Hugo Chavez's Last Election


In September 2012 I went to stay with my aunt in Caracas, planning my trip to coincide with the final weeks of Hugo Chavez’s fourth and final election campaign. Although he denied it, Chavez was known to be sick during the campaign (and died of cancer only 5 months after winning).

Over the course of his time in office, he had increasingly drawn on spiritual totems linking his Socialist project to the legacy of the nineteenth century colonial liberator, Simon Bolivar.

I began to notice also how Chavez’s own mortality was etched into his political rhetoric. His election slogan ‘Chavez: heart of the fatherland’ could be read as implicitly preparing the public for his own transition into spirit, into ghost.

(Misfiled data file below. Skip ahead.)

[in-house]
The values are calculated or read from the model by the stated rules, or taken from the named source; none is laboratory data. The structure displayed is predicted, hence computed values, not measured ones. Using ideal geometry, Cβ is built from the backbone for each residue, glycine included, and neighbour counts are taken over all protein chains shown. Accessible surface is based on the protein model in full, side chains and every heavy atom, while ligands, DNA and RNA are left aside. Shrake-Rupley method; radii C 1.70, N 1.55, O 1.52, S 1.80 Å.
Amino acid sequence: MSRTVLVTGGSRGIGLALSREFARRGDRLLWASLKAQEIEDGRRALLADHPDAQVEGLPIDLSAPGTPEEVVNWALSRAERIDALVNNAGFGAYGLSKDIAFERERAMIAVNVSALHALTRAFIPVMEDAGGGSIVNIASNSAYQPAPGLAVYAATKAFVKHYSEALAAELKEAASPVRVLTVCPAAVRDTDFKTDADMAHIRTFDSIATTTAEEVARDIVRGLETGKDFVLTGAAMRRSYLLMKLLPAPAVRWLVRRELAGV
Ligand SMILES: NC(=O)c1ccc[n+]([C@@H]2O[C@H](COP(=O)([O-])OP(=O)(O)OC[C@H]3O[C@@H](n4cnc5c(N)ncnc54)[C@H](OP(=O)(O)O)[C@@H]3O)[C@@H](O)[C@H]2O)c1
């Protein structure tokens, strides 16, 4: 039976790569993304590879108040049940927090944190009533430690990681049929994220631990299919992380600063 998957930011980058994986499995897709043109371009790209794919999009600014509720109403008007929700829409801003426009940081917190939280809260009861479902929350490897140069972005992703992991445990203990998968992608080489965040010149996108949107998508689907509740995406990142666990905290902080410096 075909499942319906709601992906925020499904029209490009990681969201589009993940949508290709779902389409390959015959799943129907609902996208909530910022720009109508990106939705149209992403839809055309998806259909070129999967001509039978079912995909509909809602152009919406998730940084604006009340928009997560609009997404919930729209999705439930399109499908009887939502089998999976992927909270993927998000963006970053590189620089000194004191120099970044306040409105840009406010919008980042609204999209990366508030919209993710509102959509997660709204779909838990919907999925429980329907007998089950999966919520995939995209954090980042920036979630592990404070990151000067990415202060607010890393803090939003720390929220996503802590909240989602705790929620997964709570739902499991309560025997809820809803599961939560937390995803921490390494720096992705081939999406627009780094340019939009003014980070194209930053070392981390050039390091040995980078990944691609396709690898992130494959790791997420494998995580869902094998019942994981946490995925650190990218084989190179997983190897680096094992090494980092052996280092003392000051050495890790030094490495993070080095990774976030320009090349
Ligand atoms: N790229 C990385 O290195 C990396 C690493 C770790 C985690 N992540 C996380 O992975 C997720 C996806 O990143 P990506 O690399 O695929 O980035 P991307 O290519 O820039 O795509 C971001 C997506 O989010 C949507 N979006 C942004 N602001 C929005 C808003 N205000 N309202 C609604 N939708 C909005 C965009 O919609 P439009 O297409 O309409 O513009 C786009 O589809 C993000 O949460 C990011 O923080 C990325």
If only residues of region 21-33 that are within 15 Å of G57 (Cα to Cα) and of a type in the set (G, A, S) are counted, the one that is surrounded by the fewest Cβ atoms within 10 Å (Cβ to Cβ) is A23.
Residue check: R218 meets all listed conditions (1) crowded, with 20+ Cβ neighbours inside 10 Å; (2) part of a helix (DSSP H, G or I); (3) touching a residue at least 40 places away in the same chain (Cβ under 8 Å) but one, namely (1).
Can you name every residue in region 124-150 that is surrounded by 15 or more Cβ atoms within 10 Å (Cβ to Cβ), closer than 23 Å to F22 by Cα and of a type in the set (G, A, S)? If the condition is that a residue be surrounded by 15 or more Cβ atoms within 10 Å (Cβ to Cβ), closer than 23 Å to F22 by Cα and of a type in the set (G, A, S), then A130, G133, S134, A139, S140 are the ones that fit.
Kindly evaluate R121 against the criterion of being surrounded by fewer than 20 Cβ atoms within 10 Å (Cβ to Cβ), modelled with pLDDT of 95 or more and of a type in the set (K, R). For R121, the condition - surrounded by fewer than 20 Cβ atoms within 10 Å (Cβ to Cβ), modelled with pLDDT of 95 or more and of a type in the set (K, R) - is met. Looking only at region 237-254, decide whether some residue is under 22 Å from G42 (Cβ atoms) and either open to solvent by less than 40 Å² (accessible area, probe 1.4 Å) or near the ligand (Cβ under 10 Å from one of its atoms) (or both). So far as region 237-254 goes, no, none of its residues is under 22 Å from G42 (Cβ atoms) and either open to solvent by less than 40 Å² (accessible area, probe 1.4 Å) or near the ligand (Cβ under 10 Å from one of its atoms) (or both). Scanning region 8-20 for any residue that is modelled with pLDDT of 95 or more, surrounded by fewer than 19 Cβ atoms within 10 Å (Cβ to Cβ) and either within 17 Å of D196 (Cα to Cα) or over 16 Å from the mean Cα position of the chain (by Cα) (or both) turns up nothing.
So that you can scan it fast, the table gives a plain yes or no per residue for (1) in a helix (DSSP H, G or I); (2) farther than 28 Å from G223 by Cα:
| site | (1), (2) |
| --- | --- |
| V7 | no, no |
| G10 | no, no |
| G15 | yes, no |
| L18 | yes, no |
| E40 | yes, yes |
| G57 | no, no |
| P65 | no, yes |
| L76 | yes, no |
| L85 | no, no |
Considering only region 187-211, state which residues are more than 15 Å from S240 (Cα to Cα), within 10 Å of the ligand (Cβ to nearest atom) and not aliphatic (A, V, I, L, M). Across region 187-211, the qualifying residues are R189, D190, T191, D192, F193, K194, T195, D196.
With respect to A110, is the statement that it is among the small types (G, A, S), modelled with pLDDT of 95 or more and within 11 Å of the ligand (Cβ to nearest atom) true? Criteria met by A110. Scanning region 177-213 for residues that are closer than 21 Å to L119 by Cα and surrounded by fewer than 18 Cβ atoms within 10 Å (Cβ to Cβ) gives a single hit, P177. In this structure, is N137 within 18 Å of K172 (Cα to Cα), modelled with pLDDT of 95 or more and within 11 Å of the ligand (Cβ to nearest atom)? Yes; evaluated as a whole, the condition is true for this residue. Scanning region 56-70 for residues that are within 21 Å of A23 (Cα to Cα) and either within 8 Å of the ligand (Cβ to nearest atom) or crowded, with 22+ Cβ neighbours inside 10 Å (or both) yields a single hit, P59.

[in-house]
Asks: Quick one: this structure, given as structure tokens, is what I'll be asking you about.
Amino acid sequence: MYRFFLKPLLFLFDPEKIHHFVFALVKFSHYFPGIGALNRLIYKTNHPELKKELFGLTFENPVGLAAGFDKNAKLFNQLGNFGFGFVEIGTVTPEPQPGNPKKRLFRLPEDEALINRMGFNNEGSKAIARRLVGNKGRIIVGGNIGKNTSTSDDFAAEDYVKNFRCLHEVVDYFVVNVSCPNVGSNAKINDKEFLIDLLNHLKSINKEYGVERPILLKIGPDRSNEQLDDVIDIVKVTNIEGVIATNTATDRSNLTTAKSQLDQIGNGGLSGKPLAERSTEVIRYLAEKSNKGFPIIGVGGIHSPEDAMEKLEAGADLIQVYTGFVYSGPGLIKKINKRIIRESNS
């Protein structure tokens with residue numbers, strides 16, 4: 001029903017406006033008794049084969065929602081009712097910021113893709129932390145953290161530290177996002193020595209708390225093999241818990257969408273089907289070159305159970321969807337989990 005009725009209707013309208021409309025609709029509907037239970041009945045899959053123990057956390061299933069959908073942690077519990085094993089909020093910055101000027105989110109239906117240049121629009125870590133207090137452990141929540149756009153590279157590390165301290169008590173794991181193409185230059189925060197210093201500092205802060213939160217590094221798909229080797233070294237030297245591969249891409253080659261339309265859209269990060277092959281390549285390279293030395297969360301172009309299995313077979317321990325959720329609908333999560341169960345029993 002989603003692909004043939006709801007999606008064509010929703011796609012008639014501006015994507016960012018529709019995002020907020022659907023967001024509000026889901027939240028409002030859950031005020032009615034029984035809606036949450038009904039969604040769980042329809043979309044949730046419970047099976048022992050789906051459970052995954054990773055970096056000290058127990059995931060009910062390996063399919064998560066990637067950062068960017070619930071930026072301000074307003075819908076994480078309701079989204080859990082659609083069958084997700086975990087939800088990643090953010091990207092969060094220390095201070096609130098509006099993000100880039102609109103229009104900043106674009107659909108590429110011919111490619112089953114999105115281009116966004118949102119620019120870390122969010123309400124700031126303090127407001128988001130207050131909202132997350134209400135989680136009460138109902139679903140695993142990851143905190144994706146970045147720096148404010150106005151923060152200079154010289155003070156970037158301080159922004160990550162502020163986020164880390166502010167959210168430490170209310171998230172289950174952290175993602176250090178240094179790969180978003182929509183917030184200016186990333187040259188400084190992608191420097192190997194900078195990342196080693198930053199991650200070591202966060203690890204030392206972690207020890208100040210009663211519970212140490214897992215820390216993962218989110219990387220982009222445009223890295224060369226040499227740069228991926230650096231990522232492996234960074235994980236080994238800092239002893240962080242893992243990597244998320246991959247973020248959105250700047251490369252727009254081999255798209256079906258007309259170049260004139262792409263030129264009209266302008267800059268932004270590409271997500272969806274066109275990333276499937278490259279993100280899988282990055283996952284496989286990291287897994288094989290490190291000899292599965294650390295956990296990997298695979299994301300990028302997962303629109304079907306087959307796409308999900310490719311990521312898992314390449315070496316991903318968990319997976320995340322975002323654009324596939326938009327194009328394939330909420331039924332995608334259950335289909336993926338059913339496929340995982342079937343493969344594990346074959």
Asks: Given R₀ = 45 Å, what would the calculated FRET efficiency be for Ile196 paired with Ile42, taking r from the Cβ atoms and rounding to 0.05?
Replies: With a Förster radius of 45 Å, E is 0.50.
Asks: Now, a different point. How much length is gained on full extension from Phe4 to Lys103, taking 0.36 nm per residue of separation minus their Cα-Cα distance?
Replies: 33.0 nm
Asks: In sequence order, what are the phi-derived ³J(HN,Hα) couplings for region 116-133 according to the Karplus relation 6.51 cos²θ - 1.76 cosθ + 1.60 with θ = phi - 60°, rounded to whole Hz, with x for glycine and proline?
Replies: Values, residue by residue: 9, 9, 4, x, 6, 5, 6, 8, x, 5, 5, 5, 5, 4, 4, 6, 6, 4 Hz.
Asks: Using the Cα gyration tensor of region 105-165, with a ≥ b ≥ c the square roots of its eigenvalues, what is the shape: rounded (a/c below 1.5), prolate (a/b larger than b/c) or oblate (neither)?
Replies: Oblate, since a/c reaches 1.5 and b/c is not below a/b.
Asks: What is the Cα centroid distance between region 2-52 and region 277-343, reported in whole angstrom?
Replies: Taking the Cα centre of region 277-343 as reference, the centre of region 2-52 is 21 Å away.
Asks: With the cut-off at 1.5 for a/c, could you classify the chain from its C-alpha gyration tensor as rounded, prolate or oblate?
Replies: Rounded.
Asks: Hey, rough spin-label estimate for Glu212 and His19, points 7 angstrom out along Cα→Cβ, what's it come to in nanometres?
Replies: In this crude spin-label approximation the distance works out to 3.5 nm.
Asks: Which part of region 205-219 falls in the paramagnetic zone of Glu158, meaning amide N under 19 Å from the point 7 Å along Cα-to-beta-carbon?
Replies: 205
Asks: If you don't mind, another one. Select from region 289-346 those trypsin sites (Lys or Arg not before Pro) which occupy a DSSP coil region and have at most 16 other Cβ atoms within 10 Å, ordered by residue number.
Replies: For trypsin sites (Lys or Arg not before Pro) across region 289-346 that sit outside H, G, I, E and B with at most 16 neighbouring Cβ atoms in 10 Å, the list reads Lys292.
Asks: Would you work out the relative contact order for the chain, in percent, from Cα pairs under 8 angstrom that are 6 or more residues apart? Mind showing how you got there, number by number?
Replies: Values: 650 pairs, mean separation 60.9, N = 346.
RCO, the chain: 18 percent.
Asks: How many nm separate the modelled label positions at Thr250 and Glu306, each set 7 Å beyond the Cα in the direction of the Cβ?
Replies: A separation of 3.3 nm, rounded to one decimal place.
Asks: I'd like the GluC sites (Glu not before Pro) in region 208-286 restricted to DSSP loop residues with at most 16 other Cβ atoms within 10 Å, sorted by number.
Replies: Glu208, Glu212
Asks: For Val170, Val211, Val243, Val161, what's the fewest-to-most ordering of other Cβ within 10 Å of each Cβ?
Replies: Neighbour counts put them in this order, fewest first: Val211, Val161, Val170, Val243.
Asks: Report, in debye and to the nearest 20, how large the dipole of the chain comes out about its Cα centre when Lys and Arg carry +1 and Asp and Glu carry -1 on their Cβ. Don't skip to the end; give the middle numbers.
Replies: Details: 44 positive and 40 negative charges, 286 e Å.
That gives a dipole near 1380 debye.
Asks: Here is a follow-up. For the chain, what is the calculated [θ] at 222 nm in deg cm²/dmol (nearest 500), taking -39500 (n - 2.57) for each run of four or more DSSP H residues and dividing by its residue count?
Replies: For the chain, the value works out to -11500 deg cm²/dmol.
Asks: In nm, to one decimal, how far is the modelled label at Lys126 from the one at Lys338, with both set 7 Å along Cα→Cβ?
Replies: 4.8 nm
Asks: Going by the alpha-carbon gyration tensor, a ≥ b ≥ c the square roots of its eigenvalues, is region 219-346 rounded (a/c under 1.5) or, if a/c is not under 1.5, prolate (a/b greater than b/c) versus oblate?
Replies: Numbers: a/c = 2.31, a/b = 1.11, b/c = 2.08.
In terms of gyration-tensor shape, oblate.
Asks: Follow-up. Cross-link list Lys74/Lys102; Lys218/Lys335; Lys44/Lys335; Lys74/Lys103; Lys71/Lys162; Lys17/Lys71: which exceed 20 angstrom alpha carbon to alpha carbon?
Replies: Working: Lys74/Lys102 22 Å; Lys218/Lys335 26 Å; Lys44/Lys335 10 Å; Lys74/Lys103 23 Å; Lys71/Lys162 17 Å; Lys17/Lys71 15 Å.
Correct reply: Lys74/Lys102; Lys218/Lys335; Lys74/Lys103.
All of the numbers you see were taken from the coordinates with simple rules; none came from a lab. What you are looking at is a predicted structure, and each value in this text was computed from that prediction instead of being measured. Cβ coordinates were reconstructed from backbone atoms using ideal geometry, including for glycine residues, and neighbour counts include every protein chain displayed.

In the build-up to election day, the atmosphere in the city grew tense. There was a sense of unease. And thunderstorms. My aunt was worried that riots would break out if Chavez lost, and her religious rituals became more elaborate.

Chavez won by a narrow margin, and during his victory speech, he held up Bolivar’s sword, declaring that the spirit of the freedom-fighter was alive and present. I couldn’t help but wonder how Chavez must have felt during that moment, knowing that he was dying and didn’t have long to live.